In a much-anticipated announcement on Thursday, Gov. Asa Hutchinson (R) said Arkansas will keep its "private option" Medicaid expansion through the end of 2016—and then reconsider it.
Background on Arkansas' private option
Former Gov. Mike Beebe (D) signed the state's expansion plan into law on April 23, 2013. Under the plan, Arkansas would accept federal money for Medicaid expansion provided through the Affordable Care Act (ACA) but would use it to buy private insurance for about 250,000 eligible low-income residents. The federal government approved the plan in September 2013.
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Since Arkansas implemented its private plan option in 2013, the state’s uninsured rate has declined from 22.5% to 12.4%, according to Gallup data. Meanwhile, the number of uninsured patients admitted to hospitals has been nearly cut in half. Currently, 213,000 Arkansas residents are enrolled in the program.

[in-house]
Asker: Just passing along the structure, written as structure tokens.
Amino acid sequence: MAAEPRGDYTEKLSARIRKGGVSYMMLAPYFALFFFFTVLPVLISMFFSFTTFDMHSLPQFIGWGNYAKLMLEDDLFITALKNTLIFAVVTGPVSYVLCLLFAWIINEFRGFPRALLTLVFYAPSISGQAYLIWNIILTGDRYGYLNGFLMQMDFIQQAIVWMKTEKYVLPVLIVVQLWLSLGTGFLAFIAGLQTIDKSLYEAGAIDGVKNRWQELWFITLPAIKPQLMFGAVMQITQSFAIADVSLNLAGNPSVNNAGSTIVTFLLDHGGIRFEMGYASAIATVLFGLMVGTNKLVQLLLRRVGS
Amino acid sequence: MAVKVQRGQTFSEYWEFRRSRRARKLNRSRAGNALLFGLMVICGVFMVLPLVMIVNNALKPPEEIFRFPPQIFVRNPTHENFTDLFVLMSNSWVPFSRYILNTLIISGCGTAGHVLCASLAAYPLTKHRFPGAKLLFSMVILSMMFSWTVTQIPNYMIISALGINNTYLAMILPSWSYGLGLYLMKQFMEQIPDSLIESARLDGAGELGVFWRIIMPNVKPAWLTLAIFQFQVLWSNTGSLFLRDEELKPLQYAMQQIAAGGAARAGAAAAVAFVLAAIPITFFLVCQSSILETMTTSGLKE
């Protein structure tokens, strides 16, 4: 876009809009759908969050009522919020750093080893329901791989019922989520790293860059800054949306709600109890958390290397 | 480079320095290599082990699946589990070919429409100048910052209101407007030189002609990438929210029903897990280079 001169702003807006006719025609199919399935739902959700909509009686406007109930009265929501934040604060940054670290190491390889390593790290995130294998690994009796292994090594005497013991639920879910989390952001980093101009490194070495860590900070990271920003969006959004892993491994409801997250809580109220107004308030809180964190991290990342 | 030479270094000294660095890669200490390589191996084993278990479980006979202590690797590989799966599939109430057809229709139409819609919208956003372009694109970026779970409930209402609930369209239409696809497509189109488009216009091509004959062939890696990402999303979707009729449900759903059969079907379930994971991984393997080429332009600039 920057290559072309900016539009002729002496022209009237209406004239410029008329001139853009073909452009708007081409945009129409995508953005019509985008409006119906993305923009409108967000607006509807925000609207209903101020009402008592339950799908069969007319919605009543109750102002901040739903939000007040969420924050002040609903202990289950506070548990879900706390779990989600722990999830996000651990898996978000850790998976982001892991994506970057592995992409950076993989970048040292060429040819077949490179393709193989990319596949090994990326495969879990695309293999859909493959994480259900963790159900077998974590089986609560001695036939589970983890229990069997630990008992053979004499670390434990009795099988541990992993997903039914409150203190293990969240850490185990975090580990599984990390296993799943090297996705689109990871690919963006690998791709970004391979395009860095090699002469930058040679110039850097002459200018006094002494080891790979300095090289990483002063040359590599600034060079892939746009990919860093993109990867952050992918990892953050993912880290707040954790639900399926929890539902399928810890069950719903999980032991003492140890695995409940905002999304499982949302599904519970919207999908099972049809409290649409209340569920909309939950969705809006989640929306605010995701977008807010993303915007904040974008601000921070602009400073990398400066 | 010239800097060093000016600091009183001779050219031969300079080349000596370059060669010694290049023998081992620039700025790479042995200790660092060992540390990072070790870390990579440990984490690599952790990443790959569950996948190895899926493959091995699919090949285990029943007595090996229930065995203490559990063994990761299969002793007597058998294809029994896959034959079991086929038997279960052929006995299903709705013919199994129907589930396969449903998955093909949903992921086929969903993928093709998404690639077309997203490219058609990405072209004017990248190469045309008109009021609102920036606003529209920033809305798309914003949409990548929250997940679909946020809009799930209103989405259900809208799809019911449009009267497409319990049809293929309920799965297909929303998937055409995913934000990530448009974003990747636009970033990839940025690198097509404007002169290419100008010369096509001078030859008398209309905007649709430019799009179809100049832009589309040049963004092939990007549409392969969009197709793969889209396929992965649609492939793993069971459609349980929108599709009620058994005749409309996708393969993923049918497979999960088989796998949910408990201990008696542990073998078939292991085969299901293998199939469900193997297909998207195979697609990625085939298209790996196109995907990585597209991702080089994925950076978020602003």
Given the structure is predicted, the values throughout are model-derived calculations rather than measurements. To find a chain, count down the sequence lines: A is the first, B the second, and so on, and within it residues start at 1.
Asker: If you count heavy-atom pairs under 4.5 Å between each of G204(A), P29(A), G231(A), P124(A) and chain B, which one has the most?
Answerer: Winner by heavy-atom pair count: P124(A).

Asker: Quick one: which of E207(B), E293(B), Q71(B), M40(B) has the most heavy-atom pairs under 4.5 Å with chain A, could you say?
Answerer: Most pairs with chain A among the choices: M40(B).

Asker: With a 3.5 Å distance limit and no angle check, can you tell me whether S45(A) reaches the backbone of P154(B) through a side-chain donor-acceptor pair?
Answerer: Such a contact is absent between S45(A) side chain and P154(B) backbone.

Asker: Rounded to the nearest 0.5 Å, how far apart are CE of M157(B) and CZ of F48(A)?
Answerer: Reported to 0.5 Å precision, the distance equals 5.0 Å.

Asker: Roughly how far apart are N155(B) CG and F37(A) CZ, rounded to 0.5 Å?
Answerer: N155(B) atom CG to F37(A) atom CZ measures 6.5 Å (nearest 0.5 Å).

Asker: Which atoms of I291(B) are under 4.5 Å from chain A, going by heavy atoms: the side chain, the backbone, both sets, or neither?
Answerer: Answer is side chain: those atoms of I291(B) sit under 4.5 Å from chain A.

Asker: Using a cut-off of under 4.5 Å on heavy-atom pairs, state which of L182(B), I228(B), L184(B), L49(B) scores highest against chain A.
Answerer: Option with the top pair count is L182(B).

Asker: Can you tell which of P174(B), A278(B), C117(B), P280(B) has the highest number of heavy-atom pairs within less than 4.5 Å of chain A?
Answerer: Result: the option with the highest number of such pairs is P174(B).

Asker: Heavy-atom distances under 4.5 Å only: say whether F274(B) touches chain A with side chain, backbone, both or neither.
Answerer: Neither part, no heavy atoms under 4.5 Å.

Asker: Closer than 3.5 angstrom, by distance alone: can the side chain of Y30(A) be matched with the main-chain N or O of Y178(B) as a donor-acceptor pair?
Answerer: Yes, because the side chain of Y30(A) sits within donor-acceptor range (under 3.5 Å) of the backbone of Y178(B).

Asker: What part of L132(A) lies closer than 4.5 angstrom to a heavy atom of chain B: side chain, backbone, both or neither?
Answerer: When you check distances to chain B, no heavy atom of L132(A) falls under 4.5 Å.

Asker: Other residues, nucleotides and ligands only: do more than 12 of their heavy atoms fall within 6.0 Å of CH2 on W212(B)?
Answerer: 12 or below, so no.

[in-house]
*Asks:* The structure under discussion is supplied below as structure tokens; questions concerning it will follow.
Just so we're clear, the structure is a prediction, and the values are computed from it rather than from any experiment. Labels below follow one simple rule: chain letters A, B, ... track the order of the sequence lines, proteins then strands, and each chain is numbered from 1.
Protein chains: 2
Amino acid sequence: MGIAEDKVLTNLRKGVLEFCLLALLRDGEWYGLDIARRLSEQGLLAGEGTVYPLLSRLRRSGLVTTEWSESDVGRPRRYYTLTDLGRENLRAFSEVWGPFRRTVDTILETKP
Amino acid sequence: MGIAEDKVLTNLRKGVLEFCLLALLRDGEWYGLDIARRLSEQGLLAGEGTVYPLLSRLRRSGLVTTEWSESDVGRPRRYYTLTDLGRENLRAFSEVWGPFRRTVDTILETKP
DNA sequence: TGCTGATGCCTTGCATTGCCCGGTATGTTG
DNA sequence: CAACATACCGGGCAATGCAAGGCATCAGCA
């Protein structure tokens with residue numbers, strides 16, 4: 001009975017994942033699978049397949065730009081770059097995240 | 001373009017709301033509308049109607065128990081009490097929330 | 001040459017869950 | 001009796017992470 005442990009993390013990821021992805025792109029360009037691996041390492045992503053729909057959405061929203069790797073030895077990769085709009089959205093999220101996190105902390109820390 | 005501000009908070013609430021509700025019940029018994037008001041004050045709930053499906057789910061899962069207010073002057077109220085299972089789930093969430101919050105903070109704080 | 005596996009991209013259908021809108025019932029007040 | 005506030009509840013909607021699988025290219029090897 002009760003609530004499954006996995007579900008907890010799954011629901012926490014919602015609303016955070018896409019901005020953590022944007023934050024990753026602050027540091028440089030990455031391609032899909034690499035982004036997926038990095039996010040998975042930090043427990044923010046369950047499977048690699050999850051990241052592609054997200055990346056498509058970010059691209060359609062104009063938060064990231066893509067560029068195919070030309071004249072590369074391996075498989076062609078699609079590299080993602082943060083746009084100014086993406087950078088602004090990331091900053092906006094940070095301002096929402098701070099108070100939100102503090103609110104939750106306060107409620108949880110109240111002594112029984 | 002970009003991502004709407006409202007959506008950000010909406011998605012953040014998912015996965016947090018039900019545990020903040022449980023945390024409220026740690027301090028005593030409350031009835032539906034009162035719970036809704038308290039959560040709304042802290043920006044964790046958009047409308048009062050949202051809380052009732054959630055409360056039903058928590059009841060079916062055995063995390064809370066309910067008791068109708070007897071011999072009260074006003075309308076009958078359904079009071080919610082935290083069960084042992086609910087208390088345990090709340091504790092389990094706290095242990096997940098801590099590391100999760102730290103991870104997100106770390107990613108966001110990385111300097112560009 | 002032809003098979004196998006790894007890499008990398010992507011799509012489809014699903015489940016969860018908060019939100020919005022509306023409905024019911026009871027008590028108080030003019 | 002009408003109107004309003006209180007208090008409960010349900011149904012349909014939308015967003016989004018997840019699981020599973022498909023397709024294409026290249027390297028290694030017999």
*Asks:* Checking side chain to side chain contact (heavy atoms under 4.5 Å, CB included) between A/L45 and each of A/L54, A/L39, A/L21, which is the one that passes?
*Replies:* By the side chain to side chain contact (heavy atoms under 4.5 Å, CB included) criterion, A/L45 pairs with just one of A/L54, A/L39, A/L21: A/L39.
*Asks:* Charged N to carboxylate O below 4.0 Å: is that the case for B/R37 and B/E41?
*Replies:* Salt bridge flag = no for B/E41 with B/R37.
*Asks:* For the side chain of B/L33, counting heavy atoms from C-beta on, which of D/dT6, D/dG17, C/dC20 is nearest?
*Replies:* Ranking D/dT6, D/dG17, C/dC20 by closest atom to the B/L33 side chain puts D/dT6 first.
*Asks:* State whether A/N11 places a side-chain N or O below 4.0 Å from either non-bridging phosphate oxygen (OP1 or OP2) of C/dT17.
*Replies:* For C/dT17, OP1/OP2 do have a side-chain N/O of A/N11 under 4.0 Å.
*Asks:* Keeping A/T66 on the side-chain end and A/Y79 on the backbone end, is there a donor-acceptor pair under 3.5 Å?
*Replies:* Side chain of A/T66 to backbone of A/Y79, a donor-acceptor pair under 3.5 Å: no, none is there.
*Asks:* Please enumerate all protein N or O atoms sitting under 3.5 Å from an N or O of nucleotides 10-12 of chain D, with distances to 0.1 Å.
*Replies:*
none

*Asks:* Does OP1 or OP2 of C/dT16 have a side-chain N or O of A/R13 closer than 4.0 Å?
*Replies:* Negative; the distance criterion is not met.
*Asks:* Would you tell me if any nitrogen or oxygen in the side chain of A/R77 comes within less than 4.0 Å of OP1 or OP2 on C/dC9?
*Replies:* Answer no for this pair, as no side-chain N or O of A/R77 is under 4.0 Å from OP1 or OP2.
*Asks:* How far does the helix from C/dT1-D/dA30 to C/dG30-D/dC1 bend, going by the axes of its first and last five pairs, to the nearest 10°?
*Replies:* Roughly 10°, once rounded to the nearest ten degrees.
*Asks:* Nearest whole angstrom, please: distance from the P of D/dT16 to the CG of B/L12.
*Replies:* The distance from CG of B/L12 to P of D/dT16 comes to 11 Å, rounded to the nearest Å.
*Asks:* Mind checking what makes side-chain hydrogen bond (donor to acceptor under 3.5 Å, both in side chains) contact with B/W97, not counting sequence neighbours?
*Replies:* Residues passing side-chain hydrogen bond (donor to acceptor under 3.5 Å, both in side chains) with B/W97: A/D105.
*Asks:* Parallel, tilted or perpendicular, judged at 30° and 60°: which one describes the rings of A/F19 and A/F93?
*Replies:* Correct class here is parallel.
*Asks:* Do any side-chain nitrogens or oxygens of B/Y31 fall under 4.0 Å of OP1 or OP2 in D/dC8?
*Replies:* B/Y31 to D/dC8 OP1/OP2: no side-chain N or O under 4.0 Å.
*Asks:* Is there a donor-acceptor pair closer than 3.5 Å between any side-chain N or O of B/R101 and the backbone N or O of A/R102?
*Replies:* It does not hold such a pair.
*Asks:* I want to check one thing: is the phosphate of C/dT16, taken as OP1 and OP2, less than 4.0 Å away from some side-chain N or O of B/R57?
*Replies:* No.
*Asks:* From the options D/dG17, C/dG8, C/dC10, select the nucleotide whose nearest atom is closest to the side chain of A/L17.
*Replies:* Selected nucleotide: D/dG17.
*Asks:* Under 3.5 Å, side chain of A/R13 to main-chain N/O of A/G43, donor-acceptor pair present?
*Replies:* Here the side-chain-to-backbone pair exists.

However, the future of Arkansas Medicaid expansion came into question after the 2014 midterm elections, when many Democratic governors were ousted by their Republican competitors and state legislatures became more Republican.
Details of Hutchison's announcement
Although Hutchison expressed support for keeping the current plan through the end of 2016, he also discussed plans to create a legislative task force to research other options for providing low-income individuals coverage after 2016.
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He said, "With regard to the private option, it is time to close this chapter and start a new one," adding, "We are turning the page and starting a new effort, our innovative efforts in Medicaid reform will continue." By 2021, Arkansas would have to pay $200 million annually to keep the current program alive. Given those costs, he says the state should create a "health reform task force" to look for a "compassionate and reasonable cost-effective response for care of those currently on the private option."
According to Politico, Hutchison's decision could "dampen" momentum in other states to pursue a private option for Medicaid expansion, like Tennessee, Utah, and Wyoming (Wayne, Bloomberg, 1/22; Demko, Modern Healthcare, 1/22 [subscription required]; Wheaton, Politico, 1/22).
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